Charlemagne Peralte: The Struggle of Memory Against Forgetting

The struggle of [hu]man[s] against power is the struggle of memory against forgetting. Milan Kundera, the Book of Laughter and Forgetting

On June 10, 1920 William Robert Button and Herman Henry Hanneken received the United States Army Medal of Honor. The citations for each reads:

For extraordinary heroism and conspicuous gallantry and intrepidity in actual conflict with the enemy near Grande Riviere, Republic of Haiti, on the night of 31 October-l November 1919, resulting in the death of Charlemagne Peralte, the supreme bandit chief in the Republic of Haiti, and the killing, capture and dispersal of about 1,200 of his outlaw followers.

Button and Hanneken’s “conspicuous gallantry” involved entering a rebel camp near Grand Riviere disguised and under cover of night, with 17 members of Haiti’s gendarmerie. They had been tipped to the location, and given guidance, by one of Peralte’s lieutenants, Jean-Baptiste Conzé. There they assassinated Charlemagne Peralte who had been leading the resistance to the U.S. occupation of Haiti since 1917. 

The murder of Peralte and defeat of his forces was the cause of celebration in some circles. The next day, R.C. Berkely, reporting from the Marine Headquarters in Cap-Haitien wrote, “It is believed that the death of Charlamagne Peralte will prove a large factor in stopping bandit operations in Haiti.”  From Port-au-Prince in December 1919, John H. Russell echoes these congratulations, and notes “the result of this engagement, it is believed, has strengthened the morale and increased the aggressiveness of the Gendarmerie d’Haiti, tending to a higher degree of usefulness in the controlling and keeping the peace in this country, which is so greatly desired.”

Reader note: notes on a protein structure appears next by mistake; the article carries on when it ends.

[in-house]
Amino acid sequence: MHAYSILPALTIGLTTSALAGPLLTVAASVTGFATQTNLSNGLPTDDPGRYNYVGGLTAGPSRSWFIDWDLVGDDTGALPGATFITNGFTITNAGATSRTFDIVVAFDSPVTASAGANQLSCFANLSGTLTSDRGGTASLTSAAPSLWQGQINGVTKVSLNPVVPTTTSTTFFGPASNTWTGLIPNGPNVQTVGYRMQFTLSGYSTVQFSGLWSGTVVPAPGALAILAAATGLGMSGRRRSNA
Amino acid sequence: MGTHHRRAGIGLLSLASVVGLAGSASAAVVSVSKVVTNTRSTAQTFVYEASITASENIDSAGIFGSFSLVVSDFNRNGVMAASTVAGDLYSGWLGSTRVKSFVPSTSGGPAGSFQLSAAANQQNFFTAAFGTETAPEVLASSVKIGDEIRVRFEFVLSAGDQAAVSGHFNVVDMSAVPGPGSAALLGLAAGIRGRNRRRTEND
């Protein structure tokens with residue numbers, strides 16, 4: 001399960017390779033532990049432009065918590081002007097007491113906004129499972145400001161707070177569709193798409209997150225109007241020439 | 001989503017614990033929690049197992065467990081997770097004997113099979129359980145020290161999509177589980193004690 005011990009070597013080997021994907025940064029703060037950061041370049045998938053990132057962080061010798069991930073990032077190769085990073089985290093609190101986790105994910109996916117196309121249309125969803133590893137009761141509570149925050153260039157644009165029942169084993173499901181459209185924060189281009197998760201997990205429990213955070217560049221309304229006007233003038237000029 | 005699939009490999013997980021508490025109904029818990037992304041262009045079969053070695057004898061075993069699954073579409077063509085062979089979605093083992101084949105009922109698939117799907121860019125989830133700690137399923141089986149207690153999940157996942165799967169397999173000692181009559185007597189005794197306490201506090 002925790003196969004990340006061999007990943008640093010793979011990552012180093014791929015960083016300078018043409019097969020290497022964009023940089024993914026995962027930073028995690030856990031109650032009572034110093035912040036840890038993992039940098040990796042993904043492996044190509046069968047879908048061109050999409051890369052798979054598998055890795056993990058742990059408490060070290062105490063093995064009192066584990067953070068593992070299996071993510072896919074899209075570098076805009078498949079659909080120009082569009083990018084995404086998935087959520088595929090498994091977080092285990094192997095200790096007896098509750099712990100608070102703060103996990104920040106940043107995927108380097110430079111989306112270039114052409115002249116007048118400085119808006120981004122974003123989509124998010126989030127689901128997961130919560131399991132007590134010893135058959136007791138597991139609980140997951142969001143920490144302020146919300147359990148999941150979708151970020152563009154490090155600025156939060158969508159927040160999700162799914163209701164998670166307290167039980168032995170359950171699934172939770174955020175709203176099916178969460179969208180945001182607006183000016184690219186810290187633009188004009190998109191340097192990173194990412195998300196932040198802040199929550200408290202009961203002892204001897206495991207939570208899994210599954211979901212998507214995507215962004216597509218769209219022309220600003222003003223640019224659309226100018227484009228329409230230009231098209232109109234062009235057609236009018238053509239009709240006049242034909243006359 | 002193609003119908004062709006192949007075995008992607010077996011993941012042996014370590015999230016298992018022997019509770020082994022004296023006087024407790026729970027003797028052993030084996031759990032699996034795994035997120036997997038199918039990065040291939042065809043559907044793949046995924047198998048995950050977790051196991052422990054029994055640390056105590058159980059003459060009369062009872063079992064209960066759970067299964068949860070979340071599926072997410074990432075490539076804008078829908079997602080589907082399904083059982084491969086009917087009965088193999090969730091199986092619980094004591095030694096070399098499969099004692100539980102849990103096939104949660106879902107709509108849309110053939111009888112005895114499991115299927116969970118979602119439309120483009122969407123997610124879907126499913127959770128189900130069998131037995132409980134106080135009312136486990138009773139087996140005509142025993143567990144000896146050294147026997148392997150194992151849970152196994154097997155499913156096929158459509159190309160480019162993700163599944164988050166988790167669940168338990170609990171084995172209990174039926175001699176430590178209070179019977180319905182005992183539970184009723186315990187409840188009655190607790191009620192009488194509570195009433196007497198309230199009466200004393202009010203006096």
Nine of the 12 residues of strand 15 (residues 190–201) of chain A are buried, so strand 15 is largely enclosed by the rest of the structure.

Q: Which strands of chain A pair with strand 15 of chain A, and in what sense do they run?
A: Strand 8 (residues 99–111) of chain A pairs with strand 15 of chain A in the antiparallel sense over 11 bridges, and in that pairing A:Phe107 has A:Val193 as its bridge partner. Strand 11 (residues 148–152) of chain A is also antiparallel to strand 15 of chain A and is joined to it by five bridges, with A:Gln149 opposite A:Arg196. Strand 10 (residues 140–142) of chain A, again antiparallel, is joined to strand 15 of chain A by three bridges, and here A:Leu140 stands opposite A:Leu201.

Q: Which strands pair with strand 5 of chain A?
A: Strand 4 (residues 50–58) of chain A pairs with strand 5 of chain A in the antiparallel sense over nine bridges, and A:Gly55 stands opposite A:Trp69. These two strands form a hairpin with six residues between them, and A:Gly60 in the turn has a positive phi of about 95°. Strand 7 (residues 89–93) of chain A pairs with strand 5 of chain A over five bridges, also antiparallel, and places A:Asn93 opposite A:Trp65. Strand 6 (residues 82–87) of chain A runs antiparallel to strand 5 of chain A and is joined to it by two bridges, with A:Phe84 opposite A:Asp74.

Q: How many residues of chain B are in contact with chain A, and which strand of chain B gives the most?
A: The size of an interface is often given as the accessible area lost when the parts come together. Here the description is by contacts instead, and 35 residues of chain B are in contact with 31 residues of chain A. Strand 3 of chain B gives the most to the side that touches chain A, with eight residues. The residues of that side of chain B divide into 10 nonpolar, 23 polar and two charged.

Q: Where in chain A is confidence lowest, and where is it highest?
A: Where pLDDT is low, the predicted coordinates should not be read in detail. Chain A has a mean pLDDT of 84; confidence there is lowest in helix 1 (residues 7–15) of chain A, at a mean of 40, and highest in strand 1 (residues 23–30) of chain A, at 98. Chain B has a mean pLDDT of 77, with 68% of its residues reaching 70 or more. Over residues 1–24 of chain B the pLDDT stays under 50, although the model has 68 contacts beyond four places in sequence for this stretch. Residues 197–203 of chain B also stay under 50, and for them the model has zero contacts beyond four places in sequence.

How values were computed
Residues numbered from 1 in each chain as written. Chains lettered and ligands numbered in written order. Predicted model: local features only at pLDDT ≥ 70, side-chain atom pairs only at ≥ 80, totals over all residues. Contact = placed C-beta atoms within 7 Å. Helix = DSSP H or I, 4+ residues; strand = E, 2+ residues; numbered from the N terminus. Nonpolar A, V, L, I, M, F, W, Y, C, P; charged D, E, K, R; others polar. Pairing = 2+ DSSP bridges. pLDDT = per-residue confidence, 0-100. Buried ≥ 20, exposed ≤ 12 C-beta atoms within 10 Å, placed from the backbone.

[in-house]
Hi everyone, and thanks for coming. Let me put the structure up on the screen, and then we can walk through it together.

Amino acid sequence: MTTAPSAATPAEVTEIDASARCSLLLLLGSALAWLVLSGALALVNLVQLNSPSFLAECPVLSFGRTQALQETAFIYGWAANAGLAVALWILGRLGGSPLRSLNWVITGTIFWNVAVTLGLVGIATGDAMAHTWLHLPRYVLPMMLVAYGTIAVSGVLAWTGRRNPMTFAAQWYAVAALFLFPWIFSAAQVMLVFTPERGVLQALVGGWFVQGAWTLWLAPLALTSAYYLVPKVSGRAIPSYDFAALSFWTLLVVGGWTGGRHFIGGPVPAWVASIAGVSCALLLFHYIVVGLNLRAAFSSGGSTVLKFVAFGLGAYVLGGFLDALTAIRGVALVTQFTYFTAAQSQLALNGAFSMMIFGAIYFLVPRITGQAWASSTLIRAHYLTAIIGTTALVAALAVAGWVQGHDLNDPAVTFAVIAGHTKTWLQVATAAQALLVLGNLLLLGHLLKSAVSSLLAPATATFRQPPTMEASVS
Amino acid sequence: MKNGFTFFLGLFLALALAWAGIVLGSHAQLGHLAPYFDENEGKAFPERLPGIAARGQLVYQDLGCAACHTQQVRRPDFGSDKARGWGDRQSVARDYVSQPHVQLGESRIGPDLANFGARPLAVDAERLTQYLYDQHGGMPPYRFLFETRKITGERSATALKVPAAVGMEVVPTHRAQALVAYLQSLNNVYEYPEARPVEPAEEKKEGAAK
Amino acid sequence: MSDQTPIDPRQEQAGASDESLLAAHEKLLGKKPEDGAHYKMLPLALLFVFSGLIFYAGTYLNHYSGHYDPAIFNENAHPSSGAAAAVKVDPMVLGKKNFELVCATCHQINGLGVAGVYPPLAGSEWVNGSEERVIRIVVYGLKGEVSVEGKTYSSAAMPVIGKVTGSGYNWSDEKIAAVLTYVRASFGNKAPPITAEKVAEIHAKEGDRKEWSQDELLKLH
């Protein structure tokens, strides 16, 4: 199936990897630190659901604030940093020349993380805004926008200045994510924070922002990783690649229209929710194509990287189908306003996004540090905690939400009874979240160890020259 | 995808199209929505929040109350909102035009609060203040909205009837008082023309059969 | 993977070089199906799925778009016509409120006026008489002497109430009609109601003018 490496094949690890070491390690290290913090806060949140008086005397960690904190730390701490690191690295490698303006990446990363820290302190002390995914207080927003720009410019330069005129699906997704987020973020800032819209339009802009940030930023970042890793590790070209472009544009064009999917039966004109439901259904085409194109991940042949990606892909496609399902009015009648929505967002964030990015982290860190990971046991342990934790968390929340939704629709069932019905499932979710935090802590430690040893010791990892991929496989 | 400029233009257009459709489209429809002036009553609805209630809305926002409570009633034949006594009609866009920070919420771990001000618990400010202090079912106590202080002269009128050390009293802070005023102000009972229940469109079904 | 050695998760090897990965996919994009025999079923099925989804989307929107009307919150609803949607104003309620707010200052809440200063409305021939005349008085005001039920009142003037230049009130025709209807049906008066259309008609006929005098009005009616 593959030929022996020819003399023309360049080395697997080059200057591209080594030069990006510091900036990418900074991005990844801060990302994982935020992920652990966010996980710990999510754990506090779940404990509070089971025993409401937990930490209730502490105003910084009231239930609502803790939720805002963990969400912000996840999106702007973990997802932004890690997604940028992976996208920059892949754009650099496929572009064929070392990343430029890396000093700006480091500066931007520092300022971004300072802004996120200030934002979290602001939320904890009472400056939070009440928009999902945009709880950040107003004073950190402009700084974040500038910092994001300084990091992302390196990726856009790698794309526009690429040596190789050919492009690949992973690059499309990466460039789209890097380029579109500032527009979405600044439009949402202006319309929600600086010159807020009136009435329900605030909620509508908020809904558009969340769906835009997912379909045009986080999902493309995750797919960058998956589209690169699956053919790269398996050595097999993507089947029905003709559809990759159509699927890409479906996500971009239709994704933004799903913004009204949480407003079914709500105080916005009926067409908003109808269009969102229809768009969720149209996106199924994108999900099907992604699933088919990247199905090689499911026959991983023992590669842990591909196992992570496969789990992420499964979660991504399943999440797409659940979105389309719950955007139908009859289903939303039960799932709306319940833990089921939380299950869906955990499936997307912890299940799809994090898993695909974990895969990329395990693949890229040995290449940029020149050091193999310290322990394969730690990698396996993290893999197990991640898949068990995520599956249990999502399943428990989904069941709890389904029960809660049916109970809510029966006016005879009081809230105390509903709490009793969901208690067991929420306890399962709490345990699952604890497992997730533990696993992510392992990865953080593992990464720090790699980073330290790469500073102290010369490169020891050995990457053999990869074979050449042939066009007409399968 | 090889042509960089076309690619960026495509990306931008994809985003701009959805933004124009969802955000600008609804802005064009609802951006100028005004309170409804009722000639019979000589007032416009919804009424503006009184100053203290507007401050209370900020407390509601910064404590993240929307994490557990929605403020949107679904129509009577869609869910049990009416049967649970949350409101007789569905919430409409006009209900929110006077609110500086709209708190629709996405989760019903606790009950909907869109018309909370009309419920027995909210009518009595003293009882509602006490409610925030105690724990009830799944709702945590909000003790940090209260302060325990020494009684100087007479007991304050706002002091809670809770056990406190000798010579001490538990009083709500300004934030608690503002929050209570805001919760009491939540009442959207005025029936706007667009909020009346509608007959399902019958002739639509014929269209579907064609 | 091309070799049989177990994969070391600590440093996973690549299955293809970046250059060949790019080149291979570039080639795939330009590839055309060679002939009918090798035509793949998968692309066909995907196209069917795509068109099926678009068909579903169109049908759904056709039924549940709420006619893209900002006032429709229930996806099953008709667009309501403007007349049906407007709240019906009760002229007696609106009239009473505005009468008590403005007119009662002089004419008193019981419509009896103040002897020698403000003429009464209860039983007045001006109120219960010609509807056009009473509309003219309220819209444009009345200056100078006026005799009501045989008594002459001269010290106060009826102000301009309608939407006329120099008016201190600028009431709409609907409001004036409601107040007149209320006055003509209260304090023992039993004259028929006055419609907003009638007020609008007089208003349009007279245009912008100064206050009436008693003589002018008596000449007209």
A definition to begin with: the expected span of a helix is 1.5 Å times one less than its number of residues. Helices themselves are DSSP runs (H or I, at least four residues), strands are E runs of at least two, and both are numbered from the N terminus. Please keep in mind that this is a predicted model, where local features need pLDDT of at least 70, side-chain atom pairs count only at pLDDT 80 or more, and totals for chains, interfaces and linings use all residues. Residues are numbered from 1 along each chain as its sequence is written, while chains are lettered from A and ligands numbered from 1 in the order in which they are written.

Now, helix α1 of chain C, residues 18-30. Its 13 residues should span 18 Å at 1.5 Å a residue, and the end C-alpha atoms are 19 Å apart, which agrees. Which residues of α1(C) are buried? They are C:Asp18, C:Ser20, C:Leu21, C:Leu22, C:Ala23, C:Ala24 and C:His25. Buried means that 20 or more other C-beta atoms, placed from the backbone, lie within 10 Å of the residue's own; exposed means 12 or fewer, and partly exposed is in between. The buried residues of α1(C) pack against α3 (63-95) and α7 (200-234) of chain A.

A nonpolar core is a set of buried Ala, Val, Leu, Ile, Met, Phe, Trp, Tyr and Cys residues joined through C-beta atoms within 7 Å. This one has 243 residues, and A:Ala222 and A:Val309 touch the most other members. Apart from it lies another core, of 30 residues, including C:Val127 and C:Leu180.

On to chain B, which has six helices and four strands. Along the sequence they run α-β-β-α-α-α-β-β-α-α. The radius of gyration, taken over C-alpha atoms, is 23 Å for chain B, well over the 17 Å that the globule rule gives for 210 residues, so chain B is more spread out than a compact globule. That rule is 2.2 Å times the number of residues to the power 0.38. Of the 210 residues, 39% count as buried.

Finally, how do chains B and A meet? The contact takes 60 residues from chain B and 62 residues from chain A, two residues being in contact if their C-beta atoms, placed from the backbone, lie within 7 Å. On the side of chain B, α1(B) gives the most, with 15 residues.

Upon his murder, Peralte’s body was given public viewing in Hinche. He was stripped and tied to a door in a standing position, with a Haitian flag placed such that the pole rested under his arm.  His body was photographed, and like the lynching photos circulating in the contemporaneous United States as postcards, the picture was sent throughout Haiti: handed out, dropped from planes, and tacked to boards as a statement of the absolute authority of United States military and allied forces to kill the independent nation of Haiti. This was the “peace….so greatly desired.”. 

The ubiquitous presence of the photograph within Haiti guaranteed that Peralte’s sacrifice would be remembered, alongside the brutality of the U.S. occupation. However, back in the U.S., the people were left with only the mere trace of an “imperial encounter” that dissipated into thin air quickly. Button and Hanneken’s Medal of Honor citations conclude: “The successful termination of [their] mission will undoubtedly prove of untold value to the Republic of Haiti,” thus adding another decontextualized set of letters to the ever evolving mythology of the United States as a democratizing “City on the Hill.” In reality, the untold, perhaps unspeakable, value to the Republic of Haiti to evolve from the “termination” of Peralte, was the instantiation of a colonial political economy built on the simple discernment of who lives and who dies; in essence a constitutional determination of who was authorized to kill in defense of the City Bank of New York’s investments in Haiti.